Hue light up my life – Philips lightbulb technology

I spent almost two hours talking about lightbulbs yesterday and didn’t yawn once. “Impossible” you cry, but oddly enough it’s true. Philips invited me into a tucked away Central London to meet “hue”, the latest and greatest in lightbulb technology.

Philips first started making lightbulbs 121 years ago and haven’t really stopped since then, so they know what they are talking about. When people ask what the most mind blowing gadget I’ve seen whilst working for Latest Gadgets my go to is normally “Samsung’s wifi enabled touchscreen fridge” but hue – an app controlled wifi-enabled lightbulb – is a strong contender for the top spot.


Hue utilises LED technology so it’s already more environmentally friendly and economical over the long term than conventional lightbulbs. But the real magic comes from how it leverages the power of LED technology and bends it to suit your ever changing whims.

In the box are three special hue bulbs and a bridge that plugs into your router. As the name suggests, hue enables you to change the colour of light in a room and the box playfully demonstrates this with a cute colour wheel on the side. If you flip this around the colour wheel walks you through the simple installation process. Plug in the bridge, screw in the lightbulbs (screw bulbs only although you can get screw to bayonet convertors for 99p delivered on eBay), download the app and you should be good to go.

The app is one both iOS and Android, although the Android version is missing one or two functions at launch. The app is a great example of “better living through smartphones” as it makes your lighting fully customisable from a device that is always in your pocket.


So what can hue do? Isn’t it just an overly complicated dimmer switch? No not even close. As I said before, Philips have been in the lightbulb game for a long time and have a scary level of passion for the subject. Once you have hue up and running you can access over 16 million colours simply by sliding your finger across. You can also control each bulb individually and the system has been tested with up to 50 bulbs. So you can name the bulbs “Bedroom”, “Study” etc and have different settings in each one. If you have a room with multiple bulbs you can mix and match colours.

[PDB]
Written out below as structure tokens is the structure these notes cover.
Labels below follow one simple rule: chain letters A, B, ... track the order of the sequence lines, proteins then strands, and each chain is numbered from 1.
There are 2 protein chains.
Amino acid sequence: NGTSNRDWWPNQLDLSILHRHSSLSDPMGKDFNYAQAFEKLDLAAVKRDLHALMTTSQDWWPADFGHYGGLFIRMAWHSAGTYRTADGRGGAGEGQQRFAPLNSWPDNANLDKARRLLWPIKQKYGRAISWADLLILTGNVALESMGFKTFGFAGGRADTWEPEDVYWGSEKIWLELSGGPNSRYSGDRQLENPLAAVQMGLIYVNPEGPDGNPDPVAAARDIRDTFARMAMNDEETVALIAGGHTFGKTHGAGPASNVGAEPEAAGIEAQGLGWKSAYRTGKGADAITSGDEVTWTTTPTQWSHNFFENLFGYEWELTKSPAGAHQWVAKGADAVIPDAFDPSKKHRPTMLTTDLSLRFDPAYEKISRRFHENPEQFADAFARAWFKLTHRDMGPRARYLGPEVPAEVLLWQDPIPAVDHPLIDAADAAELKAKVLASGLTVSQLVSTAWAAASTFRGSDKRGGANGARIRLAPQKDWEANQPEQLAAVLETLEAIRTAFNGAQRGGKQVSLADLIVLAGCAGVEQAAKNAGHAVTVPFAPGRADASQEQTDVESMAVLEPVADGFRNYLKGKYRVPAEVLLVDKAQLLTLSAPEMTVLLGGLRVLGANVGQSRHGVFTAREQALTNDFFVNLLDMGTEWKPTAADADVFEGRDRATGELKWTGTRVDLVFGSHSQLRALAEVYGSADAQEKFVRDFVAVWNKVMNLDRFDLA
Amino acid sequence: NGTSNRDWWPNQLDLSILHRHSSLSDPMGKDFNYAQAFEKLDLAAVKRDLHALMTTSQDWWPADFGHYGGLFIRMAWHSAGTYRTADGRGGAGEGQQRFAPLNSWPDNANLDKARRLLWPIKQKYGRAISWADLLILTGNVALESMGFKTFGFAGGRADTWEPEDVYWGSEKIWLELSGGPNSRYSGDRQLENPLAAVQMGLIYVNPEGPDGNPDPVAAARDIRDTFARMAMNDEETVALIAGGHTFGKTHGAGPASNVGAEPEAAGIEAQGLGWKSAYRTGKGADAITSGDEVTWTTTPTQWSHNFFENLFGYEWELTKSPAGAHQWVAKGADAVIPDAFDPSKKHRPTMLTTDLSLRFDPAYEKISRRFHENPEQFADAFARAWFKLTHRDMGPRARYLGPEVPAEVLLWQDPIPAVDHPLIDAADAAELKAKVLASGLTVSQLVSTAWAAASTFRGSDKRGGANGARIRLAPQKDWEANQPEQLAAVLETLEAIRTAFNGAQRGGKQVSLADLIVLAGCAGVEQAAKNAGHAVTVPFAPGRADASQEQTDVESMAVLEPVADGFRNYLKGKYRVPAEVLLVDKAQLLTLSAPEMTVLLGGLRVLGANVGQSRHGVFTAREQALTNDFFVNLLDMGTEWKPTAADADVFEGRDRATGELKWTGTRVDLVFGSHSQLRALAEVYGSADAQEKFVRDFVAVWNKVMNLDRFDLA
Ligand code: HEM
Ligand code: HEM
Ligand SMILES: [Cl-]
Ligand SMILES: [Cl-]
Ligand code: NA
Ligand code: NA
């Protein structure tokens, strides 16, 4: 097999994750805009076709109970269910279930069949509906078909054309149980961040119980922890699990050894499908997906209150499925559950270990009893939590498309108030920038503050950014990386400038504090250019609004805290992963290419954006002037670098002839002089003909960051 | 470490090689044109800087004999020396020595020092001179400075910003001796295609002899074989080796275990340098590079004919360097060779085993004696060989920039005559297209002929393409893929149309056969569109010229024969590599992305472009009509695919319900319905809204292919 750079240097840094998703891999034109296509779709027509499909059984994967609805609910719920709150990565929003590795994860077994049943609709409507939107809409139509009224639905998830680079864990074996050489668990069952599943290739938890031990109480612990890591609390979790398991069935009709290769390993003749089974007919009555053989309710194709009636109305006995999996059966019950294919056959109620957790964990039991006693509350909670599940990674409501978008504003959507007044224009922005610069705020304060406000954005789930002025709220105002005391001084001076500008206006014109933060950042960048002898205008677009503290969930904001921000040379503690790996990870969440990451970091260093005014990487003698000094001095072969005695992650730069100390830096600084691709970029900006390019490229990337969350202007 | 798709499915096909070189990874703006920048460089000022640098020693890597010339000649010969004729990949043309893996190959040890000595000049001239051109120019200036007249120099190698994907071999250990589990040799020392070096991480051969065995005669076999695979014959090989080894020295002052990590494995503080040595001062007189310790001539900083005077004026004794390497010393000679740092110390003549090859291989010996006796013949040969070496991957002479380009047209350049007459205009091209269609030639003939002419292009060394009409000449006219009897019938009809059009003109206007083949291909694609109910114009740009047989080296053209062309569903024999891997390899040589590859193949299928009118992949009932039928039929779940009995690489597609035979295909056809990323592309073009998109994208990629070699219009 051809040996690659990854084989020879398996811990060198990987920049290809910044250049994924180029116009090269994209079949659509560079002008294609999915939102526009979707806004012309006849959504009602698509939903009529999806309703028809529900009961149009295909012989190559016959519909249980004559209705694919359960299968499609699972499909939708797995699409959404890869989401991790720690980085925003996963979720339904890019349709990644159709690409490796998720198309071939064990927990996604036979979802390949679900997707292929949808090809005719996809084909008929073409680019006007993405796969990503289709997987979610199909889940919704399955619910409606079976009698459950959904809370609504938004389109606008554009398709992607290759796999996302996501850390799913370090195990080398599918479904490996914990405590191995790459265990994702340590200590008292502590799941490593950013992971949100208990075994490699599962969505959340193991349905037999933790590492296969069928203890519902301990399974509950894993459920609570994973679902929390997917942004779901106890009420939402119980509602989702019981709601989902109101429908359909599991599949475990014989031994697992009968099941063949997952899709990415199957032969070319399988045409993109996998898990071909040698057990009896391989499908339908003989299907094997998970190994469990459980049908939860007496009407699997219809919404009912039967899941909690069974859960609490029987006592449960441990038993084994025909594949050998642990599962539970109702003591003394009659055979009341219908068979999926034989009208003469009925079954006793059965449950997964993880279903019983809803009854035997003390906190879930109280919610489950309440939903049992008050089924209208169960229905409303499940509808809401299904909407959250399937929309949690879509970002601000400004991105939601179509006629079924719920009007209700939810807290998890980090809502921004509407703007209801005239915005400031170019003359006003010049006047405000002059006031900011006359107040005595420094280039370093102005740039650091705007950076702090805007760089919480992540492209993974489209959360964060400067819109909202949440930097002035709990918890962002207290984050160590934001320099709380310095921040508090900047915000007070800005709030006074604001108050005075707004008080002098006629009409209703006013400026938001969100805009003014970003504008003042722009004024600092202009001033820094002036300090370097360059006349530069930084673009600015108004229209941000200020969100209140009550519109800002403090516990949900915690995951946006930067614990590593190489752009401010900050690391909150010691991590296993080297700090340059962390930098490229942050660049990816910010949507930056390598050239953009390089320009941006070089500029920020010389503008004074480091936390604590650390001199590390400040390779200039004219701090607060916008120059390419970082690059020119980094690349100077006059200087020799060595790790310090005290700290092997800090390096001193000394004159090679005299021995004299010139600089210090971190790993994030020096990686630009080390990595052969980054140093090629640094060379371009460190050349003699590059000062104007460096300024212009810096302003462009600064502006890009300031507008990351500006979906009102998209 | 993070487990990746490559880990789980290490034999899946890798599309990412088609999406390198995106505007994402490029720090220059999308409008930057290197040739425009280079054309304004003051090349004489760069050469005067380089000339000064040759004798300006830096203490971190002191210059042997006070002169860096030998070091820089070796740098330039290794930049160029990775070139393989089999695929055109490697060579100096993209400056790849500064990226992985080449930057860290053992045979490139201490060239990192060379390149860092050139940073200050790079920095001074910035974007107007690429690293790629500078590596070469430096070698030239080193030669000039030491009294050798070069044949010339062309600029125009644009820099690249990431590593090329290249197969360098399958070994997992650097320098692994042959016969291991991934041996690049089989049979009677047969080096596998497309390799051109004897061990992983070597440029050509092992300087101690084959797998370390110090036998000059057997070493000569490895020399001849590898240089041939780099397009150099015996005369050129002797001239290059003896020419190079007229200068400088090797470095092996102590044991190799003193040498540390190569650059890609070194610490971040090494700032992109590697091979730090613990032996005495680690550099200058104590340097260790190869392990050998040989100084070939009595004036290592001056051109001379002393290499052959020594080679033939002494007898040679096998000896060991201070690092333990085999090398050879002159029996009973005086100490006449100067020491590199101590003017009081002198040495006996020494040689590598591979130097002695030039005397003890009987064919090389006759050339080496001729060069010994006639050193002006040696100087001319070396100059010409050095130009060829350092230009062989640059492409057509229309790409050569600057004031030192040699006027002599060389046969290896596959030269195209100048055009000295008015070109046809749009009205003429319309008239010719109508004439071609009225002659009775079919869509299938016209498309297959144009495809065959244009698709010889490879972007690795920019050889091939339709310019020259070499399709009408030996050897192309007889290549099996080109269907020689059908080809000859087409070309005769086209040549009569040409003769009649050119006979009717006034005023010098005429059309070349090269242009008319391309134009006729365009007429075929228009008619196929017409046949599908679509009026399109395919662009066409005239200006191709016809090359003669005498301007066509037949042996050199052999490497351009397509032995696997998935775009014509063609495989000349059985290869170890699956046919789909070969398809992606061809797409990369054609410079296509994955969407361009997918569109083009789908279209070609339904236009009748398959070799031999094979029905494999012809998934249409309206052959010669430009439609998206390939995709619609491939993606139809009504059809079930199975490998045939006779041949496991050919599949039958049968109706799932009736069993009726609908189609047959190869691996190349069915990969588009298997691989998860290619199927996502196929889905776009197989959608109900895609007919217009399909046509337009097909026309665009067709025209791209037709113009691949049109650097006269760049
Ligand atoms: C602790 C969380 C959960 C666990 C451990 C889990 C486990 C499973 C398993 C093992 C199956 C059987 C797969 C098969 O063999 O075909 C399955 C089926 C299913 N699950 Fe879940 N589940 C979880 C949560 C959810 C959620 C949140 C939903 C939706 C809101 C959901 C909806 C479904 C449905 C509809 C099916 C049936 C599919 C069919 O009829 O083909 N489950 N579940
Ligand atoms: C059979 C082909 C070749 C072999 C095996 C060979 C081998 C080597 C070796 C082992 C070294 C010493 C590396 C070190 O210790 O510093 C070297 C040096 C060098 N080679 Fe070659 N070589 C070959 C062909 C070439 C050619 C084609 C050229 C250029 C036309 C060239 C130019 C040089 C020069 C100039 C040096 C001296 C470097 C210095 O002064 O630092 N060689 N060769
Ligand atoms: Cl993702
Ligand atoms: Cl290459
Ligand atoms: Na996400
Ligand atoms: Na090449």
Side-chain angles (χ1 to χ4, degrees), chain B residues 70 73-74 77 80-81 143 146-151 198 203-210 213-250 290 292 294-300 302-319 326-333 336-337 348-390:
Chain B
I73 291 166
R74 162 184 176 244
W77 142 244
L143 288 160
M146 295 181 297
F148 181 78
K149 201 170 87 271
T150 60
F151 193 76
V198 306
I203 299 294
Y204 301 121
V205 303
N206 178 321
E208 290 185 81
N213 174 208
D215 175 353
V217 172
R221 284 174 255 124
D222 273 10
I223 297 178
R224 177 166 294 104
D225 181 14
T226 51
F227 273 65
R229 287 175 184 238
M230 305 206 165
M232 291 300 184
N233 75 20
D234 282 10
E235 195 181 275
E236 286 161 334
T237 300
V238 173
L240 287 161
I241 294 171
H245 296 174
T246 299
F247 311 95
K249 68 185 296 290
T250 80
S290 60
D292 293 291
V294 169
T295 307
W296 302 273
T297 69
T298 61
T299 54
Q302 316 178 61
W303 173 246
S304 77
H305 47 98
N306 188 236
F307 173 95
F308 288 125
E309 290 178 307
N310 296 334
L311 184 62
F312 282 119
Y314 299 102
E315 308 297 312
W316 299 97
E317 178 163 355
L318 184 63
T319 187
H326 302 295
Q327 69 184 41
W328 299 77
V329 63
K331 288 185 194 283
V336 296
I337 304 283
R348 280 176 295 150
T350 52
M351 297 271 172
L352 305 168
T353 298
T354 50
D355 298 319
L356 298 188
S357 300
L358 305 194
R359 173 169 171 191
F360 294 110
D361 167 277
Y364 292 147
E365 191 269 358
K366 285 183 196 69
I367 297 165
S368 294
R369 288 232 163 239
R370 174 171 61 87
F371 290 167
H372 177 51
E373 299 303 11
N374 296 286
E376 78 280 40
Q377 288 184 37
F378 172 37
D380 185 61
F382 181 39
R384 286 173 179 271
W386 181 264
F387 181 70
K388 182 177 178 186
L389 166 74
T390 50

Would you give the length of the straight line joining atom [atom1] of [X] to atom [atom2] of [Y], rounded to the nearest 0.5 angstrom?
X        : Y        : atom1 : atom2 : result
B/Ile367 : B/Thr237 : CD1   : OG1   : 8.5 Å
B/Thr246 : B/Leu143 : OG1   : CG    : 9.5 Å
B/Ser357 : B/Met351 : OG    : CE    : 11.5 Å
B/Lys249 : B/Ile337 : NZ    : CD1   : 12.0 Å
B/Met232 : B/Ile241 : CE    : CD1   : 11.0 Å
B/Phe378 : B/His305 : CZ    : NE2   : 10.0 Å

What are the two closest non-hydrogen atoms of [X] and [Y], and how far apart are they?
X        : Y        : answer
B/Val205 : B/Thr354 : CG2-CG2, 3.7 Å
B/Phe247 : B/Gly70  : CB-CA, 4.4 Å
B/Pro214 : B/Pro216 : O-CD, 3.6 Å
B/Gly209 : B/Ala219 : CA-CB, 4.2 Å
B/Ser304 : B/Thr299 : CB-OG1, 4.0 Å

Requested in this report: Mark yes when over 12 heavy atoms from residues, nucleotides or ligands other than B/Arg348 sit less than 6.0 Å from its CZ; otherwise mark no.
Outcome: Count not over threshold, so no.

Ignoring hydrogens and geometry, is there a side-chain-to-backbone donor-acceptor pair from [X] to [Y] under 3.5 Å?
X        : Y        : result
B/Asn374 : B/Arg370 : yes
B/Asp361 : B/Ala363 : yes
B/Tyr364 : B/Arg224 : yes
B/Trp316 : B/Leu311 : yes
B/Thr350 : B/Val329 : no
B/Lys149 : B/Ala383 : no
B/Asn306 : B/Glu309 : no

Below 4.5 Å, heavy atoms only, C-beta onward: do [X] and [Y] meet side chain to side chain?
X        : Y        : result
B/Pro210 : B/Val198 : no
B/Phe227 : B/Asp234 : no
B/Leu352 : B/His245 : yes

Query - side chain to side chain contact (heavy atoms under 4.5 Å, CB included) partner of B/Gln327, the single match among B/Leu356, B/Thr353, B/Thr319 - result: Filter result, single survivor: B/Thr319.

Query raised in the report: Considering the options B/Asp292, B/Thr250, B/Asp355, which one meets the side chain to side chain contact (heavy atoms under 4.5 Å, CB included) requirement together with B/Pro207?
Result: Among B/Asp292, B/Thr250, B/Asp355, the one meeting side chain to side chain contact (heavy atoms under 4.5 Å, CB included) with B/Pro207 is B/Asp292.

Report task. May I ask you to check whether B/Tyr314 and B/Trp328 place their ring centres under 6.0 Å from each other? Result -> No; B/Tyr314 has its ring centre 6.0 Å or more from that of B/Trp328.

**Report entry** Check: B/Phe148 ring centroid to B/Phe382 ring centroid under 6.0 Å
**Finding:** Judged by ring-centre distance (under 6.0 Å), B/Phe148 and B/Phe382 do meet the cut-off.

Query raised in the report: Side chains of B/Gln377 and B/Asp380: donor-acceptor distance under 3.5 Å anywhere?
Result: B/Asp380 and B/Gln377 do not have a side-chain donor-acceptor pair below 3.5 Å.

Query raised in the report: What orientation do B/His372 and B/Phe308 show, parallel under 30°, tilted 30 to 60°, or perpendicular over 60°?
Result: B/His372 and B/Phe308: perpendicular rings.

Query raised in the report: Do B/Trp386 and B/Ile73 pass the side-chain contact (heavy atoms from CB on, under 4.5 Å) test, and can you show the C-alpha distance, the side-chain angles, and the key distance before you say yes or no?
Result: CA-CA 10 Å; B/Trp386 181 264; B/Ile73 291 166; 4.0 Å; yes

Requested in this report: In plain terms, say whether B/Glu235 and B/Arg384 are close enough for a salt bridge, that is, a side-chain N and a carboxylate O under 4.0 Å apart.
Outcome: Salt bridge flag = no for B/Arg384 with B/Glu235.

One very cool function is the ability to replicate the colour scheme from an image. So if you see a dusk or a dawn that you love the look of you can snap a photo with your smart phone and then drag your bulbs to various points on the image to try and replicate the colour mix. If you like the scene you’ve created you can save it. You can also set a timer so it comes on at a specific time. You can even use a daylight setting to create a light based alarm clock, with your bedroom gradually filling with light.

More practically it comes with a number of pre-loaded scenes that they’ve researched for certain scenarios. Want to read? They have the perfect light setting. Want to focus on a task. You’re covered. Fancy chilling out? That’s in there too. And you can tweak all these settings and create your own templates.


Hue is based on open standards and is more of a platform than a gadget and Philips are hoping developers use the technology in wild and wonderful ways. The Zigbee wireless mesh network technology working behind the scenes is industry standard and will play nicely with all your existing home automation kit. All the bulbs act as signal extenders so they should work throughout your house.

Philips have partnered with Apple for launch and hue with be available in Apple stores from today. The starter back is £179, with each additional bulb costing £45.

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